Hoax caller alleged that parents were abusing children
The HSE had to launch investigations into reports of children being abused by their parents after receiving reports that turned out to be completely bogus, Gorey District Court heard last week.
The culprit - Peter Doyle (42), of 19 St Mary's Villas in Bunclody - also told Gardai that he had himself been sexually assaulted in a pub toilet in Bunclody. This claim too was completely false.
Doyle (pictured) was told that if he makes another such bogus call at any stage in the next two years, he will be sent to jail for six months.
Judge William Early heard in court how Doyle was in St Senan's Hospital in Enniscorthy when he made the calls to the HSE. Investigations followed, and they found there was no substance to the reports whatsoever.
Likewise, when Doyle was questioned by Gardai in relation to his report that he was himself sexually assaulted, he admitted that he had made this up too.
Defending solicitor, Tom Honan, told the court that Doyle had a troubled past and had in fact been sexually assaulted when he was younger. He argued that this had had a lasting impact on the defendant and his subsequent behaviour, and suggested that perhaps sometimes he had difficulty in separating what had gone on in the past from the present.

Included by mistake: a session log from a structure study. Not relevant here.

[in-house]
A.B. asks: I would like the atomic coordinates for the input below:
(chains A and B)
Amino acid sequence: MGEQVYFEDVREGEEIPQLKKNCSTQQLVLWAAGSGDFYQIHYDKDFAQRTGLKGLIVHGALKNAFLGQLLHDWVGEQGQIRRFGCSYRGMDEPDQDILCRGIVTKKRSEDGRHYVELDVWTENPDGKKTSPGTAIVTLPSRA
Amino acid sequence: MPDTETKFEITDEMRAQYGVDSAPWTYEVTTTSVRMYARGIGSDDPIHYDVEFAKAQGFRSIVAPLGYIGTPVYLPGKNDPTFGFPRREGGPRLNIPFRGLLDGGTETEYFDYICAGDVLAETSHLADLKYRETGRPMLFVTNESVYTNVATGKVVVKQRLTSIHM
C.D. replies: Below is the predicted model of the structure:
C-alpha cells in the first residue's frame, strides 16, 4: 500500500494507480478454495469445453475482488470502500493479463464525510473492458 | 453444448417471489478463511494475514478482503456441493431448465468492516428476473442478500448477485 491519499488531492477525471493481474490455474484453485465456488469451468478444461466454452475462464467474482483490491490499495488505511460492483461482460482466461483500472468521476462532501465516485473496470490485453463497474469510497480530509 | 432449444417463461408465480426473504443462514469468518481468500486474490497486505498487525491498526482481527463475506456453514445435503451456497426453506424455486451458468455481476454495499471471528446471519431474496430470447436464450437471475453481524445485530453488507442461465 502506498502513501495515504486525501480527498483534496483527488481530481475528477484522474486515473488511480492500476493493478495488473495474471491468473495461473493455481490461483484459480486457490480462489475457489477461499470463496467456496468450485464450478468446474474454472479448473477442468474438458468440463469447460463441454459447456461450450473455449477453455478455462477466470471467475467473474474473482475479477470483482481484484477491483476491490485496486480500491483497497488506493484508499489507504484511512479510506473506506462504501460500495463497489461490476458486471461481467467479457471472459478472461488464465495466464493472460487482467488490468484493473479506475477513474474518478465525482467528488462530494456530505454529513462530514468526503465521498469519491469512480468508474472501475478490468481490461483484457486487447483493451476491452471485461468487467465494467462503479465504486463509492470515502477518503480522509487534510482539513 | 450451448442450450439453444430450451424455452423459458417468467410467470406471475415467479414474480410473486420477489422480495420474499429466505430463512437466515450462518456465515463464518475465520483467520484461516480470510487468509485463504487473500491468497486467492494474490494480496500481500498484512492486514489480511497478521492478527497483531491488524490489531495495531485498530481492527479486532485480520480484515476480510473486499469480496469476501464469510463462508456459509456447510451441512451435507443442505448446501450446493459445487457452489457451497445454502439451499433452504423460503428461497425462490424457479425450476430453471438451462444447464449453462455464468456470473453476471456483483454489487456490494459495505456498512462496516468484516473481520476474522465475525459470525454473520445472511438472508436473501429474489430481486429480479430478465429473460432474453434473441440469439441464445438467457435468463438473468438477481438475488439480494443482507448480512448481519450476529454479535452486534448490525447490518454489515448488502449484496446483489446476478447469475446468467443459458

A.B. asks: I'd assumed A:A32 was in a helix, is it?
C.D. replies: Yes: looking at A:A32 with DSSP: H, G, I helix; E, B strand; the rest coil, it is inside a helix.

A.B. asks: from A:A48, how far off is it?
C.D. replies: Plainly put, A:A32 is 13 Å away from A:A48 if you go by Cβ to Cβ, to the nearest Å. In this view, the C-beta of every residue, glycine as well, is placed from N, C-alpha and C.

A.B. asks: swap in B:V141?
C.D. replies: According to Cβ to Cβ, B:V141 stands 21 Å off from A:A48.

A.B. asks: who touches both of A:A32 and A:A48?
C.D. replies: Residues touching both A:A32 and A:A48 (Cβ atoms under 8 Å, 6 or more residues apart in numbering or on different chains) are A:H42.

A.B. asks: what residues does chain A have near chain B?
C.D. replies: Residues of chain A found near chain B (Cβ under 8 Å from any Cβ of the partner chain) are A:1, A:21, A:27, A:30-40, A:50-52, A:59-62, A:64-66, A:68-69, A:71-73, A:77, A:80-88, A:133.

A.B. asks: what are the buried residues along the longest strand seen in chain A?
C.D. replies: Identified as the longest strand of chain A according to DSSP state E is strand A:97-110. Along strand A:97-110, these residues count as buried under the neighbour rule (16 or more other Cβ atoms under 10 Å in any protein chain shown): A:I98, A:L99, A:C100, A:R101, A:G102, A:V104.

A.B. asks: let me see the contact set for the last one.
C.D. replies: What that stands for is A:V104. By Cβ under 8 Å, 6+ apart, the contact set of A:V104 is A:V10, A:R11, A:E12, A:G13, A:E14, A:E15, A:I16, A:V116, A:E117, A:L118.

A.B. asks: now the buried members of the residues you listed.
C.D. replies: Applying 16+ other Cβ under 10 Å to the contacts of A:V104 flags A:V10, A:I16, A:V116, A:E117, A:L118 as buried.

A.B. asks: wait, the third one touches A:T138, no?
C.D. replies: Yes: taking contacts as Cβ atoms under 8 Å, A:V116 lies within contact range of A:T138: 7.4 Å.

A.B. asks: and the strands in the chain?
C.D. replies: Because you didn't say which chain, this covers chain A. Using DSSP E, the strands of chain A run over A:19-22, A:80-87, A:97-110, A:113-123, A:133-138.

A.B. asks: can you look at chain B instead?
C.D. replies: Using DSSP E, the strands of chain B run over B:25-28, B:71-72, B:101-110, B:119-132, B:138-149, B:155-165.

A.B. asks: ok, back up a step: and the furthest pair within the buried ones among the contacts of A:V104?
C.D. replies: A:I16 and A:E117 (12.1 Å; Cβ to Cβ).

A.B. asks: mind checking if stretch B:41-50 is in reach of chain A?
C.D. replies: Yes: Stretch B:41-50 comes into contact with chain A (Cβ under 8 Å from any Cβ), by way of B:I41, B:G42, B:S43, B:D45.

He told the court that Doyle had spent three years as a full-time patient of St Senan's and that he had become synonymous with hoax calls and similar offences.
Judge Early heard that Doyle had 26 previous convictions, with making hoax calls accounting for a number of them, along with public order offences, assault, harassment and producing a weapon in the course of a fight.
Mr Honan admitted that his client had become so synonymous with making hoax calls that the Gardaí often recognised when the call came from him.
'The real crime here is against the people who he made the allegations against,' replied Judge Early. 'It must have been extremely unpleasant for them and caused them great upset.'
Judge Early handed Doyle a total of six months in prison, but suspended it on the condition that he refrain from making any hoax calls or wasting the time of Gardaí and HSE officials in the next two years.
'If you do anything like this in the next two years, you will serve your six months in jail,' Judge Early said. 'You can't make calls like this anymore.'
'No problem,' replied Doyle.
New Ross Standard